Two parents responded to my email about the play group and I got some good information about their kids and the team that one of the parents led. Upping the expectations of the kids is going to be a challenge. Just figuring out how to make a goal and then what to do to get there. I need some study and reflection.

Now for our semi-tragedy of the week. The hot water pipes in our bathroom (only bathroom) tub has been leaking again. This happened last year and we had it “fixed”. We knew it was a temporary fix at best. The tub and the plumbing around it is original with the house and after 80 years needs to be replaced. The tub is worn and ugly; the surround is plastic which I hated from the first look at the house. Of course, the bathroom was the first room we were going to redo, the kitchen was the second, when we moved in, but that was when we imagined that it would be no trouble for me to find a job. We had a few contractors look and give us estimates, but as the months wore on and I did not land a job, we were not comfortable doing renovations with money we might need to live on.

So! We returned from Florida to find the drips and dribbles turned into a steady stream of hot water. The bathroom is a virtual steam room (oh, my lovely paint job from the fall!) and there never seems to be enough hot water for a good shower. We have no choice but to do a partial renovation. Maybe I should consider fund raising, maybe I should try to make money designing blog headers and backgrounds. I am going to do the tiling which was not in the original plan. If we can swig it, we will try to replace the tub and sink, tile around the tub and put tile on the floor. And we are going to do it fast. I could use a bit of a miracle to afford it and to do it quickly.

I am a bad mother today. We got to the Y for swimming and it seems that the next session starts today (Saturday now) and we have not registered. We will still do private lessons with Linda and register for next session. Another thought is to just do private for the swim value and forget about the group lessons until summer.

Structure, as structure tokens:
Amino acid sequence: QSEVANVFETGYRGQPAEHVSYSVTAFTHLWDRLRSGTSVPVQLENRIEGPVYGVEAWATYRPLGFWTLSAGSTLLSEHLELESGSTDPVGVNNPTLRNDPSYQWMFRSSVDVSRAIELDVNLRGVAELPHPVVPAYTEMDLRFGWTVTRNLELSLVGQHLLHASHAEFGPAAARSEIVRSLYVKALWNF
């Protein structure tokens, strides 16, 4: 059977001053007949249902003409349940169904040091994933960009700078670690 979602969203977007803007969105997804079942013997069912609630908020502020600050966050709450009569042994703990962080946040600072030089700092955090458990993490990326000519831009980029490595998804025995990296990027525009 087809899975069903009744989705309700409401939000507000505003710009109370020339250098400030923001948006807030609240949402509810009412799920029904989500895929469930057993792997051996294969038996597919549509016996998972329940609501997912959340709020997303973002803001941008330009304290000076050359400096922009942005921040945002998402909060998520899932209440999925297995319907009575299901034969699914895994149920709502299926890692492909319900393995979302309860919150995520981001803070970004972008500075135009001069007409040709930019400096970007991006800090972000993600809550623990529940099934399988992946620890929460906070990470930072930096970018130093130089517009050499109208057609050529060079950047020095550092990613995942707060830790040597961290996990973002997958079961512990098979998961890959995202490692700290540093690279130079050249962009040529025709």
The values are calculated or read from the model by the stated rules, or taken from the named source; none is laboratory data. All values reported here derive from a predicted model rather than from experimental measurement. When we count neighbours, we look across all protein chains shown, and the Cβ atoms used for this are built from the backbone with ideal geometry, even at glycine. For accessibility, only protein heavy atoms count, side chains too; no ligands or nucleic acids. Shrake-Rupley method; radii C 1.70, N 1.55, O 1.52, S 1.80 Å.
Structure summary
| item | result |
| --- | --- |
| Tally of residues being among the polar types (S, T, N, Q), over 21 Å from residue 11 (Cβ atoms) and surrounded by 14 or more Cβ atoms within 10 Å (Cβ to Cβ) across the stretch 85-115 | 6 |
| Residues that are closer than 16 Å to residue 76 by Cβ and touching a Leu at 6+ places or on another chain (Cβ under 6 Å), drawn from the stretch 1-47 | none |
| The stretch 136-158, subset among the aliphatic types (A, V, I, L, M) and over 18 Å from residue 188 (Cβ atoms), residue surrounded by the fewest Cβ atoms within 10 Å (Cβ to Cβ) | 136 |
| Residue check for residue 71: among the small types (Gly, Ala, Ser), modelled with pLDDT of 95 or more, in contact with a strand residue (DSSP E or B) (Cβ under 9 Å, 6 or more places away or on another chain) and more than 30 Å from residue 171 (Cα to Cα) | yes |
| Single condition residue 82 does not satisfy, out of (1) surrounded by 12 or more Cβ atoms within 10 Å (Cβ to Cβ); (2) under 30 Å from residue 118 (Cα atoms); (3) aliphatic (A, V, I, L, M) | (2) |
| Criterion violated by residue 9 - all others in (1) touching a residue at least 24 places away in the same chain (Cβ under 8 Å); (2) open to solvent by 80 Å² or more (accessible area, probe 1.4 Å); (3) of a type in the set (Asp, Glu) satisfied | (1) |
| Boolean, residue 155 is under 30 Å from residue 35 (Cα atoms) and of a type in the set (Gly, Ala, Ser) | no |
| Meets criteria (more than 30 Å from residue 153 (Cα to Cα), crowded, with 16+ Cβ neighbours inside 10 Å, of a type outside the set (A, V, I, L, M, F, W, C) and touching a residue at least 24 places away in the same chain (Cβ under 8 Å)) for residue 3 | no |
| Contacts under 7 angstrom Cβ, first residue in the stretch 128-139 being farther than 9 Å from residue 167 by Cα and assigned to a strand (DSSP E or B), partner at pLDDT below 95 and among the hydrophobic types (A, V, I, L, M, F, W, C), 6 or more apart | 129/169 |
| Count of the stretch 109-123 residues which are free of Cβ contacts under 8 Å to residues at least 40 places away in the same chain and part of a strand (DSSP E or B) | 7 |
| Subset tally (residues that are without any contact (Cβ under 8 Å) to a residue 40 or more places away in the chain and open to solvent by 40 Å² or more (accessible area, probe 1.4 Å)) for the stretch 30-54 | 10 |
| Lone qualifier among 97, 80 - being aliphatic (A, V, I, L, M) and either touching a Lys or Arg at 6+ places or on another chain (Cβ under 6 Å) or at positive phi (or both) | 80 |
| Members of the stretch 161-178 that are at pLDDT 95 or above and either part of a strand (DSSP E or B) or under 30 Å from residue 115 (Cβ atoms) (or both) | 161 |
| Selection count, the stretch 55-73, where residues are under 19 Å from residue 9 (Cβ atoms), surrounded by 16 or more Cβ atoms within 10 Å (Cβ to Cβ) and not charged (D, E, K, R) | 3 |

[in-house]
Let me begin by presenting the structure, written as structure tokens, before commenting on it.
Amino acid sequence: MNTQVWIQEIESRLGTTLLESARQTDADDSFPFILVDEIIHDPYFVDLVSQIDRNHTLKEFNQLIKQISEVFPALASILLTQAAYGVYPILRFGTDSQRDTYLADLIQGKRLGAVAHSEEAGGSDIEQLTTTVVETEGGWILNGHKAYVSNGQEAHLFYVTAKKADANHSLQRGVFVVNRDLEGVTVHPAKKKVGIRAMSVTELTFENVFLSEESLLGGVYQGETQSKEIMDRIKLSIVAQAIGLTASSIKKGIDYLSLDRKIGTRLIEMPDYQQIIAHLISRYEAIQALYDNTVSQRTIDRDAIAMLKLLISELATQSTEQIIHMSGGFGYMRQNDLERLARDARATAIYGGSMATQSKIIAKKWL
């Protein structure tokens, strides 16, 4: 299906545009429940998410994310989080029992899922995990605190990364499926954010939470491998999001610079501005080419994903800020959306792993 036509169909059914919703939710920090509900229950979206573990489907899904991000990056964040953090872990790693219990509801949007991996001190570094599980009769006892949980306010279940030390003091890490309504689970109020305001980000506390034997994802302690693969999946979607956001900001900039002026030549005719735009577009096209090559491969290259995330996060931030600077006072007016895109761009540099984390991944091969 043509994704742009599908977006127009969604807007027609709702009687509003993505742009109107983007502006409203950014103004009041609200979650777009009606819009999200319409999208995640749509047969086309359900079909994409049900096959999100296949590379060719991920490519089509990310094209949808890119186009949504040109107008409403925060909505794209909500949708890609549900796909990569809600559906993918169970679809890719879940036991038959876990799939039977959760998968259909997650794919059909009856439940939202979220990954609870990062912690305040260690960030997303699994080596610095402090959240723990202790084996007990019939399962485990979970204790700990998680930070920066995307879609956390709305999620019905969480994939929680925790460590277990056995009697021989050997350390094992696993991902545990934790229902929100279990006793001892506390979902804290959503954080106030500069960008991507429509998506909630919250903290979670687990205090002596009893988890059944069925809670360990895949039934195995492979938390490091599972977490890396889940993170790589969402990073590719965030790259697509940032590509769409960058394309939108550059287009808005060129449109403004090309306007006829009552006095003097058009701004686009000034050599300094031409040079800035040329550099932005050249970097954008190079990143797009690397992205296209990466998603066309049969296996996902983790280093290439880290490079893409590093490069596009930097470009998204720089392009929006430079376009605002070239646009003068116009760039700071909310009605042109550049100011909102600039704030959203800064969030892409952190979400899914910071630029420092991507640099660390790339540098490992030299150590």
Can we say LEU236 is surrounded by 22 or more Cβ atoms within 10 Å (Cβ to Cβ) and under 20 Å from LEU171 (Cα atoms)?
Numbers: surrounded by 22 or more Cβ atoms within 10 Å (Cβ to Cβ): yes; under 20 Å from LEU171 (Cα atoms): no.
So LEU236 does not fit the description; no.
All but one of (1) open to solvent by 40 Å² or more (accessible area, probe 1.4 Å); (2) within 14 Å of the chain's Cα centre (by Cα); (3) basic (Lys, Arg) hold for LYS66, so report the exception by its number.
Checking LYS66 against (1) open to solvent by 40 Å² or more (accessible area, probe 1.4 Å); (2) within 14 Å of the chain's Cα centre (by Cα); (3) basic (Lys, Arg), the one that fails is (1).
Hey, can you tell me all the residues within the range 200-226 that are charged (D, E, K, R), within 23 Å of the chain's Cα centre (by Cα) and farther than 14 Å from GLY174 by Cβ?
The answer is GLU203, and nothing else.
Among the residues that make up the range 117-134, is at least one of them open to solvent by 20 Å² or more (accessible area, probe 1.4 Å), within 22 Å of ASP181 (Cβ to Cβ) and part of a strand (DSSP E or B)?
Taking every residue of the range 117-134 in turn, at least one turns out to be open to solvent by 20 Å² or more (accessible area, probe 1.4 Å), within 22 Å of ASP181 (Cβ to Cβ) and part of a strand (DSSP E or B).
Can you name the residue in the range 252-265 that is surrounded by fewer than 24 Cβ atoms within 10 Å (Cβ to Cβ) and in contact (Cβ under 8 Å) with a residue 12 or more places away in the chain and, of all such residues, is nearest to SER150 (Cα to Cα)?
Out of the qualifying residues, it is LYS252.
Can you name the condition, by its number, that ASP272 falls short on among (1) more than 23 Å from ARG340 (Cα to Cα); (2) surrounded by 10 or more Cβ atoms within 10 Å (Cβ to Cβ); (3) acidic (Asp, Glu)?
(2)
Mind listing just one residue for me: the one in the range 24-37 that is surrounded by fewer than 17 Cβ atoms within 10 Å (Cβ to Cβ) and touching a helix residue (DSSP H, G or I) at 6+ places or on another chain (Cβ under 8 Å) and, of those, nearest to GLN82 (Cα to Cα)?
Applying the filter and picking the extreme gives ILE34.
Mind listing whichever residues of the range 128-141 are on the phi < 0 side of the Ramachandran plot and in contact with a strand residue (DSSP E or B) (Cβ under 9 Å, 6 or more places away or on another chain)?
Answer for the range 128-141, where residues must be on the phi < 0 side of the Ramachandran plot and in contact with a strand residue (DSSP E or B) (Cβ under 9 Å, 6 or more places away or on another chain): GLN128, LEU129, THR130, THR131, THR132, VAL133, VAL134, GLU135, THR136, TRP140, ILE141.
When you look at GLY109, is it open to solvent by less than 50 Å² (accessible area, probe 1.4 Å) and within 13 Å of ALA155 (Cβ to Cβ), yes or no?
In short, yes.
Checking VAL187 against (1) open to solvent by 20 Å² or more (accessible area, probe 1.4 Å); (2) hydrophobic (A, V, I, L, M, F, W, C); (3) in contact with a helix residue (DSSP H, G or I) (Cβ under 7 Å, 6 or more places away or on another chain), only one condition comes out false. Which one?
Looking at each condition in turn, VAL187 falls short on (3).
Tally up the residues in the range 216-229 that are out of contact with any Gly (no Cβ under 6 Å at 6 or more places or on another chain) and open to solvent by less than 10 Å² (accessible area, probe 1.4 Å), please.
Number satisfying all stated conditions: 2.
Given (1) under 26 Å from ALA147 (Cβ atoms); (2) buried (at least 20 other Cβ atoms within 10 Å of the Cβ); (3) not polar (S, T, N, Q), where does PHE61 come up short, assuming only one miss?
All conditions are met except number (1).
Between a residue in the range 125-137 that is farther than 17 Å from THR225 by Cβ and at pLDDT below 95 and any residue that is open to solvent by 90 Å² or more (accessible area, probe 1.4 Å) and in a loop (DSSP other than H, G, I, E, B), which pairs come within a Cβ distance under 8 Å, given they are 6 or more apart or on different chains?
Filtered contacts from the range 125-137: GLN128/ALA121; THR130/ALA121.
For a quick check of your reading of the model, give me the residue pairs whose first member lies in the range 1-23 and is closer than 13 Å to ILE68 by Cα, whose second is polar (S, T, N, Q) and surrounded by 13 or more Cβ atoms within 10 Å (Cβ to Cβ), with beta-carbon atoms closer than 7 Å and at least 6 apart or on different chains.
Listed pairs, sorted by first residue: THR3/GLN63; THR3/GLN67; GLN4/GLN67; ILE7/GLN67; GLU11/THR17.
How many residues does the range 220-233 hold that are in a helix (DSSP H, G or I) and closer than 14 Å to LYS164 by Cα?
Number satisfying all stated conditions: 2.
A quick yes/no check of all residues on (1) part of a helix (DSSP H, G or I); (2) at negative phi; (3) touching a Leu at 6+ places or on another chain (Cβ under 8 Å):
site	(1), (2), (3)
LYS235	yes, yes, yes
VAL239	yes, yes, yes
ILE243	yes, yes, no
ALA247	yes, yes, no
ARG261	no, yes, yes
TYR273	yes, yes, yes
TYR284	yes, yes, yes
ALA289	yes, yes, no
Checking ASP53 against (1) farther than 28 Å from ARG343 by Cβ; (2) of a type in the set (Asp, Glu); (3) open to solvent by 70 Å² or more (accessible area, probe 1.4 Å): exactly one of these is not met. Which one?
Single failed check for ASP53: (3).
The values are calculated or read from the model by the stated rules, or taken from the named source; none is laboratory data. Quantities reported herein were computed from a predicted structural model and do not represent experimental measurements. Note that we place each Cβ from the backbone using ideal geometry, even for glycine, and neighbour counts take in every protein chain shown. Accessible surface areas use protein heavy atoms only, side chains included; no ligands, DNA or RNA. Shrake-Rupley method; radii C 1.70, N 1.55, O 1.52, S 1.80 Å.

The program head is allowing Julia to participate in a class today because we got here and Julia was ready to swim. She is not with Linda and I am watching to see if she listens to another teacher. Actually, this teacher is someone who has subbed for Linda before and can handle Julia, and Julia is not doing badly in this class. She isn't getting a lot of extra help, just this teacher's expectations and barking orders.

05 March 2009

More on the play group

We are calling our social skills group a play group which is easier for the kids to understand. Some are sophisticated enough to wonder why they are in this group and why other kids from their class are not in the group. No one asked yesterday during group time but I have to have a good answer ready. Just playing together will work for kids like Julia who really don't see themselves as pick out for any reason, but some of the kids know they have differences and may connect the two. I am hoping our parents are willing to fess up to their kids -- yes, you are different, and we are working to make playing and friendship easier for you -- but that is up to parents, not the group.